A Kepler instance always has a unique namespace.

Ship Kepler with a list of valid authorities for providing unique namespaces.

During installation of a Kepler instance

IF a network connection is available

and an authority can be reached

and a namespace can be assigned

record authority and assigned namespace in the installation directory (not the cache directory)

call this file InstanceAuthNamespace { file contents example:   }

refer to an LSID generated using this kind of Authorized Namespace as a Verified LSID (VLSID)


create a version 4 UUID and save it to disk as the existing namespace using "uuid" as the authority

call this file InstanceAuthNamespace { file contents example:   uuid:7e1d1daf-4890-4e84-bcf4-e9192254461a  }

refer to an LSID generated using this kind of Unauthorized Namespace as a Probabilistic LSID (PLSID)

Kepler may only create LSIDs using the authority and namespace that is saved in the InstanceAuthNamespace file.

(in future releases this file would be signed by the authority and could not be changed by the user without invalidating it)

LSID history will be maintained

The idea here is that if you have an object that does not match the InstanceAuthNamespace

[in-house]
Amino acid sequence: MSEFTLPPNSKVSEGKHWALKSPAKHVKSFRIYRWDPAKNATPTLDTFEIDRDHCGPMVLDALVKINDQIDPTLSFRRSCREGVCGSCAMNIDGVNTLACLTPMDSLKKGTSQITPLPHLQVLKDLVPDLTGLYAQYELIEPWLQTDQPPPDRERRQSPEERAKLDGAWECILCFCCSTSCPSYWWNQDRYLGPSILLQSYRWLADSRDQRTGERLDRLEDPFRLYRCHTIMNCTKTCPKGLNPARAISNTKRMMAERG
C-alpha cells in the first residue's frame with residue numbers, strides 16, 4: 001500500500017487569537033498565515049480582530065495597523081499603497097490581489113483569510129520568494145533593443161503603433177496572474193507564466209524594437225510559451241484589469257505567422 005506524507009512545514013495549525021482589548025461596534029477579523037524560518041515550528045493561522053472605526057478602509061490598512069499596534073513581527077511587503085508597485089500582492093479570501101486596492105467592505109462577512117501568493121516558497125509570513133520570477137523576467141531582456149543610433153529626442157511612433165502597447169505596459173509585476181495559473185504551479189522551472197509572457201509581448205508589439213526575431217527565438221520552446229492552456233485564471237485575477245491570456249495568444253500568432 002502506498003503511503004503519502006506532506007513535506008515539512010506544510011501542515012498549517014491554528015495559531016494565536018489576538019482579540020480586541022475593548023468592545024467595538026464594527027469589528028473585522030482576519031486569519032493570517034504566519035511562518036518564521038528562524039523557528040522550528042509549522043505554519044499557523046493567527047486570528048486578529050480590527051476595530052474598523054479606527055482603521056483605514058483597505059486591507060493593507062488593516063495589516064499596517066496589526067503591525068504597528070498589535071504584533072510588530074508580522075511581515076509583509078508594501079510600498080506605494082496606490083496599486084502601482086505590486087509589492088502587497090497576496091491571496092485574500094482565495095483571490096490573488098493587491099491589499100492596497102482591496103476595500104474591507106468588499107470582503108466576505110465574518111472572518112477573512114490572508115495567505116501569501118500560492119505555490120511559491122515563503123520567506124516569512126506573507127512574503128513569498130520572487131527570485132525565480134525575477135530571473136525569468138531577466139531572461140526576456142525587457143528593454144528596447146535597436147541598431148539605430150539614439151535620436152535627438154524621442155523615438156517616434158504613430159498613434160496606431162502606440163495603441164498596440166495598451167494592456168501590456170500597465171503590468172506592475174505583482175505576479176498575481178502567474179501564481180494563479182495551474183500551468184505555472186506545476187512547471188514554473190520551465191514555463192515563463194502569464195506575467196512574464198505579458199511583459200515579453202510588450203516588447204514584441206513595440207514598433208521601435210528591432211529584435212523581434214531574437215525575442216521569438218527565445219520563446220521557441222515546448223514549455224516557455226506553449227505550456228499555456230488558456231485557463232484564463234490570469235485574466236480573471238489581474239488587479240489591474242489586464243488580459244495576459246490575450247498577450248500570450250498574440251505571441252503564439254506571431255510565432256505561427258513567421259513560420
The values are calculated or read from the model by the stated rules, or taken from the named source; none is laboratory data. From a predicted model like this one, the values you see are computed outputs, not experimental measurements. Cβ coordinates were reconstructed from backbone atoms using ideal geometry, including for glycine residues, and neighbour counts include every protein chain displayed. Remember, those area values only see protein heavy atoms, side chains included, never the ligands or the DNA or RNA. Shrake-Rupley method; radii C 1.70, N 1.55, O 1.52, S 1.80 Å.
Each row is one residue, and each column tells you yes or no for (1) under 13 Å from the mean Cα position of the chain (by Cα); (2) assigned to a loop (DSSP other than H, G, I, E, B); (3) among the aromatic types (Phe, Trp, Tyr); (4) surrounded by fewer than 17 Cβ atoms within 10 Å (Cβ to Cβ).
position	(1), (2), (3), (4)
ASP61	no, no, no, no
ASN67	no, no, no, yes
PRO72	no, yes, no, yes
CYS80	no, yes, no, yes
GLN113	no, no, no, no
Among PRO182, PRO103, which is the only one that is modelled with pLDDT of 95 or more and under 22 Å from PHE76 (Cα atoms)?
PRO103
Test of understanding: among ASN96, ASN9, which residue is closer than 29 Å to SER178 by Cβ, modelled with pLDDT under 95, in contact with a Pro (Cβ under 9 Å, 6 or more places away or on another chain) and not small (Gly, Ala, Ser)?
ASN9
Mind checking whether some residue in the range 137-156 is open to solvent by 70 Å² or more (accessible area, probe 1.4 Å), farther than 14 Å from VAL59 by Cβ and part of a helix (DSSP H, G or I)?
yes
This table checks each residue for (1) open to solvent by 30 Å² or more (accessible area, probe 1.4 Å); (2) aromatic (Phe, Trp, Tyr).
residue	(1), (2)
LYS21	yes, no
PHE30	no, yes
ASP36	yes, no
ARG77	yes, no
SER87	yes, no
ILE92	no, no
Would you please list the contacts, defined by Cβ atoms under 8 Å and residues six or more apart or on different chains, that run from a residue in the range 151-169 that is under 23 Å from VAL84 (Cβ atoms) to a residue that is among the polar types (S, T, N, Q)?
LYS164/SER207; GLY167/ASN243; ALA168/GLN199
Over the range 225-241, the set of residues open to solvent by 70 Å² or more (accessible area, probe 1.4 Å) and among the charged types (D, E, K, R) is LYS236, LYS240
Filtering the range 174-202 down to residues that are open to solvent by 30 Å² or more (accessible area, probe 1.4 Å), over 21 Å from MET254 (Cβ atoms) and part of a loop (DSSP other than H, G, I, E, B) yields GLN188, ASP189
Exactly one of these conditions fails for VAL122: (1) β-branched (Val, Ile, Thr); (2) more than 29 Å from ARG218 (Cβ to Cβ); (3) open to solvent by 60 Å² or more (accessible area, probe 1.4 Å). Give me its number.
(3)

and you resave that object (with or without changing it) then the original LSID is recorded in the object metadata

For example:  the InstanceAuthNamespace of an existing Kepler installation is

the user opens the "Display" actor that was shipped with Kepler as

and saves it back to the library as "Display 2", 

the lsid for this new object is set as 

(assuming this is the first object and first revision created with this InstanceAuthNamespace)

also saved in the metadata for this object is the previous LSID ( )

call this type of LSID a Referral LSID (RLSID)

In this way objects may have 1 LSID and an ordered list of RLSIDs (ordered from newest to oldest)

LSIDs may only be "deleted" and "created" never "updated".

This implies that there will be no functionality developed to go back and retroactively update any objects that have been generated (or even uploaded) using PLSIDs.  If objects are assigned PLSIDs then those are their LSIDs.  If a user wishes to assign a VLSID to an object that has been labeled with a PLSID then they must save it as a new object (which would mean there is now an RLSID list that contains the original PLSID).



In this system, object revisions now become a function of both the LSID revision number and the RLSID list.

These requirements are being driven by 

the need to 

always have a unique identifier for objects within Kepler, 

(regardless of save state or successful communication with a server over an internet connection)

the desire to

minimize complexity associated with ID collision handling

maintain provenance of Kepler objects

use as much existing code as possible